My Year as a Fairy Tale: Bringing Magic and Marie Antoinette to Maitland
University of Newcastle PhD candidate, Helen Hopcroft, will spend a year dressed as Marie Antoinette in an effort to highlight and bolster tourism in Maitland.
My Year as a Fairy Tale is a year-long performance by artist and writer Ms Hopcroft who trained as a painter at London’s Royal College of Art and is in the final stages of a Creative Writing PhD at the University of Newcastle. The project is sponsored by the University of Newcastle’s Centre for 21st Century Humanities and partnered by Slingshot, a Newcastle-based corporate accelerator.
For one year from 1st May, 2017, she will dress in historically accurate costume day and night as Marie Antoinette, and go about her everyday life in Maitland, a regional NSW town.
‘I will be going about my daily life including doing the school run, visiting the gym and supermarket, working and attending social events, all while wearing the extravagant costume of late 18th century France,’ Ms Hopcroft said.
My Year as a Fairy Tale will be used to support Maitland’s visitor economy through an active social media campaign.
‘I strongly believe that regional economies benefit greatly from an active arts sector, and that creativity can play a leading role in urban renewal,’ Ms Hopcroft said.
‘While Maitland was once the second largest city in NSW, many small businesses in the CBD struggle with the lack of foot traffic, while other commercial premises remain vacant. It’s like Newcastle before Marcus Westbury and Renew Newcastle came along,’ observes Hopcroft.
One of Hopcroft’s long-term plans is to use the performance to lobby for the construction of a museum in Central Maitland. She sees this as a way of celebrating the Hunter Valley’s history and boosting the region’s visitor economy.
‘Museums teach us about our past,’ says Hopcroft, ‘but they also help us imagine our future. As a living symbol of the past, I want to use the Marie Antoinette persona to start a conversation about Maitland’s future’.
Director of the Centre for 21st Century Humanities, Professor Hugh Craig, says this is a great example of how humanities research can impact the local tourism economy.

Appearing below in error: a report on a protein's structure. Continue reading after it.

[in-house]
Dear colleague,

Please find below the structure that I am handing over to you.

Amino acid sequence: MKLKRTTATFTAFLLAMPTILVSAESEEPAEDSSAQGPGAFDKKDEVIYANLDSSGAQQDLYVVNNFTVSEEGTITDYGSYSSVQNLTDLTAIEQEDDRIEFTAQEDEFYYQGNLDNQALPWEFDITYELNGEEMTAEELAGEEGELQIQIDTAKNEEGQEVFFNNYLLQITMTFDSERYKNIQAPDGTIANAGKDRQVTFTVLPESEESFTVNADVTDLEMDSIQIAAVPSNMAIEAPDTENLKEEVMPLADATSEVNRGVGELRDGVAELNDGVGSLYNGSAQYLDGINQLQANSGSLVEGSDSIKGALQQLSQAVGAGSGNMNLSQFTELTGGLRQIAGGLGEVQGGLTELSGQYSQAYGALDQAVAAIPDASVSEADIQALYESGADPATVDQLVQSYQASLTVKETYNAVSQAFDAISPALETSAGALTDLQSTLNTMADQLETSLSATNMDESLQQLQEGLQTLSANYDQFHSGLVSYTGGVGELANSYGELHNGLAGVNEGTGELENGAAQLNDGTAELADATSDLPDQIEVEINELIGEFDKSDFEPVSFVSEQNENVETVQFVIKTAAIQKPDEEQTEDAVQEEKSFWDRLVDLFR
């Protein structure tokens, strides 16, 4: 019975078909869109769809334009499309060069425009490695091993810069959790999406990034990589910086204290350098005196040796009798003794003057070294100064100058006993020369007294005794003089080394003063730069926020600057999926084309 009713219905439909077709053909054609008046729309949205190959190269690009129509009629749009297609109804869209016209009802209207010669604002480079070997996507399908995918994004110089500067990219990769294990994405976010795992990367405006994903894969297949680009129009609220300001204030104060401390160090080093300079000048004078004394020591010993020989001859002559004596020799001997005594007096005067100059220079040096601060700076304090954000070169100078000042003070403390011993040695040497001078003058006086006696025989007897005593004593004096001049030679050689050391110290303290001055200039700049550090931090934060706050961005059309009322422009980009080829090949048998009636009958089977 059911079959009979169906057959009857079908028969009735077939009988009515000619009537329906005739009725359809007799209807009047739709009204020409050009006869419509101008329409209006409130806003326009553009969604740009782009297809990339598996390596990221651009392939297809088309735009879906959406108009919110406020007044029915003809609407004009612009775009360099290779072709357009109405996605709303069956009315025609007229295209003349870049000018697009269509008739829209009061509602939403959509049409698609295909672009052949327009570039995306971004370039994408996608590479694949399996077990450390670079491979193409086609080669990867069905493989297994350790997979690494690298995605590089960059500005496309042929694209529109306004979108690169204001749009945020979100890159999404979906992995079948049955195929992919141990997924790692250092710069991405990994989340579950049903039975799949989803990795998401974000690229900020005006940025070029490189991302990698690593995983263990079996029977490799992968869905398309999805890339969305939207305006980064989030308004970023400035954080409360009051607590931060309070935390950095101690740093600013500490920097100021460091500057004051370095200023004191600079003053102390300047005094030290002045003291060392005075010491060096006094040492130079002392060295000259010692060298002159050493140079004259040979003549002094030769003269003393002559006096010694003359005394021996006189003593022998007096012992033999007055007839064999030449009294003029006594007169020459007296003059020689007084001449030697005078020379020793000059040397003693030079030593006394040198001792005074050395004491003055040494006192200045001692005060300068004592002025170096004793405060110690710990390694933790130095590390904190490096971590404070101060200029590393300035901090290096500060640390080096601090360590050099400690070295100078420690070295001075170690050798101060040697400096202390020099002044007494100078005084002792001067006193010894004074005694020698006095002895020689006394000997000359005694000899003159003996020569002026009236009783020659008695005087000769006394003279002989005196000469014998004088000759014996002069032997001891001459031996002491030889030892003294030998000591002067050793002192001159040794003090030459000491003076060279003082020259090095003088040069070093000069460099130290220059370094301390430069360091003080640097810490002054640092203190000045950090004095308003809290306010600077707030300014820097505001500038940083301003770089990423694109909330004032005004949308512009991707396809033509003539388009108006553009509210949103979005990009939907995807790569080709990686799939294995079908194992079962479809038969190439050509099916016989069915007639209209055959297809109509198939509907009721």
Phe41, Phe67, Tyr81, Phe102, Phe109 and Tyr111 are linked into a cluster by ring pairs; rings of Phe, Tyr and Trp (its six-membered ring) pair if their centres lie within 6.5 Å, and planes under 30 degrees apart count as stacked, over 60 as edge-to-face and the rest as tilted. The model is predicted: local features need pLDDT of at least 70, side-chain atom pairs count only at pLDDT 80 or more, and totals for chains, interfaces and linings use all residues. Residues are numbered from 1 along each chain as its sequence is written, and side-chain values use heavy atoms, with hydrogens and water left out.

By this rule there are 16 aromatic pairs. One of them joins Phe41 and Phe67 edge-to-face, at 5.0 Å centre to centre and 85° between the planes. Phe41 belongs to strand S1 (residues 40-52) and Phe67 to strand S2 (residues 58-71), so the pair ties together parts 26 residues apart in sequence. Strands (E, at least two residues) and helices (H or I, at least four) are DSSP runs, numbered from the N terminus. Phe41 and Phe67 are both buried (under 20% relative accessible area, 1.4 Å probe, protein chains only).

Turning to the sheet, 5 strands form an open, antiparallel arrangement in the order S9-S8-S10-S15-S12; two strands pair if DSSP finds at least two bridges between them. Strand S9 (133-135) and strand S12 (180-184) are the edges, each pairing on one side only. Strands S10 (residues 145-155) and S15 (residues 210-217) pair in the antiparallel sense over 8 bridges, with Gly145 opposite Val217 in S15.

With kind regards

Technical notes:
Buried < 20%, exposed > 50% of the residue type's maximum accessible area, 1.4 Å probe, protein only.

“Ms Hopcroft’s project brings history to life and will no doubt stick in the minds of everyone who sees her in costume. It’s a creative and thought provoking way to highlight a significant issue affecting regional towns all over Australia,” Professor Craig said.
Hopcroft, whose grandmother started Hobart’s first commercial art gallery, jokes that her fascination with Marie Antoinette is the result of a good feminist upbringing.
‘Marie Antoinette was held up as an example of excess, of the arrogance of the powerful. I want to change this story. I want to reimagine Marie Antoinette as a symbol of the re-enchantment of Maitland. It’s a glorious city with huge potential’.
A creative team, including videographer Jessica Coughlan, will document My Year as a Fairy Tale using film, writing, visual art and photography. To raise money for costumes, Hopcroft and her team launched a Pozible crowdfunding campaign on Monday 27th February at 2pm.
Helen Hopcroft will be in costume and available for interviews and photographs at:
The Palm Court Tea Salon at Mansfield House
315 High Street Maitland
@ 10am, Thursday 9th March 2017
Helen Hopcroft's year spent dressing as Marie Antoinette will begin on 1st May, 2017.
The University of Newcastle acknowledges the traditional custodians of the lands within our footprint areas: Awabakal, Darkinjung, Biripai, Worimi, Wonnarua, and Eora Nations. We also pay respect to the wisdom of our Elders past and present.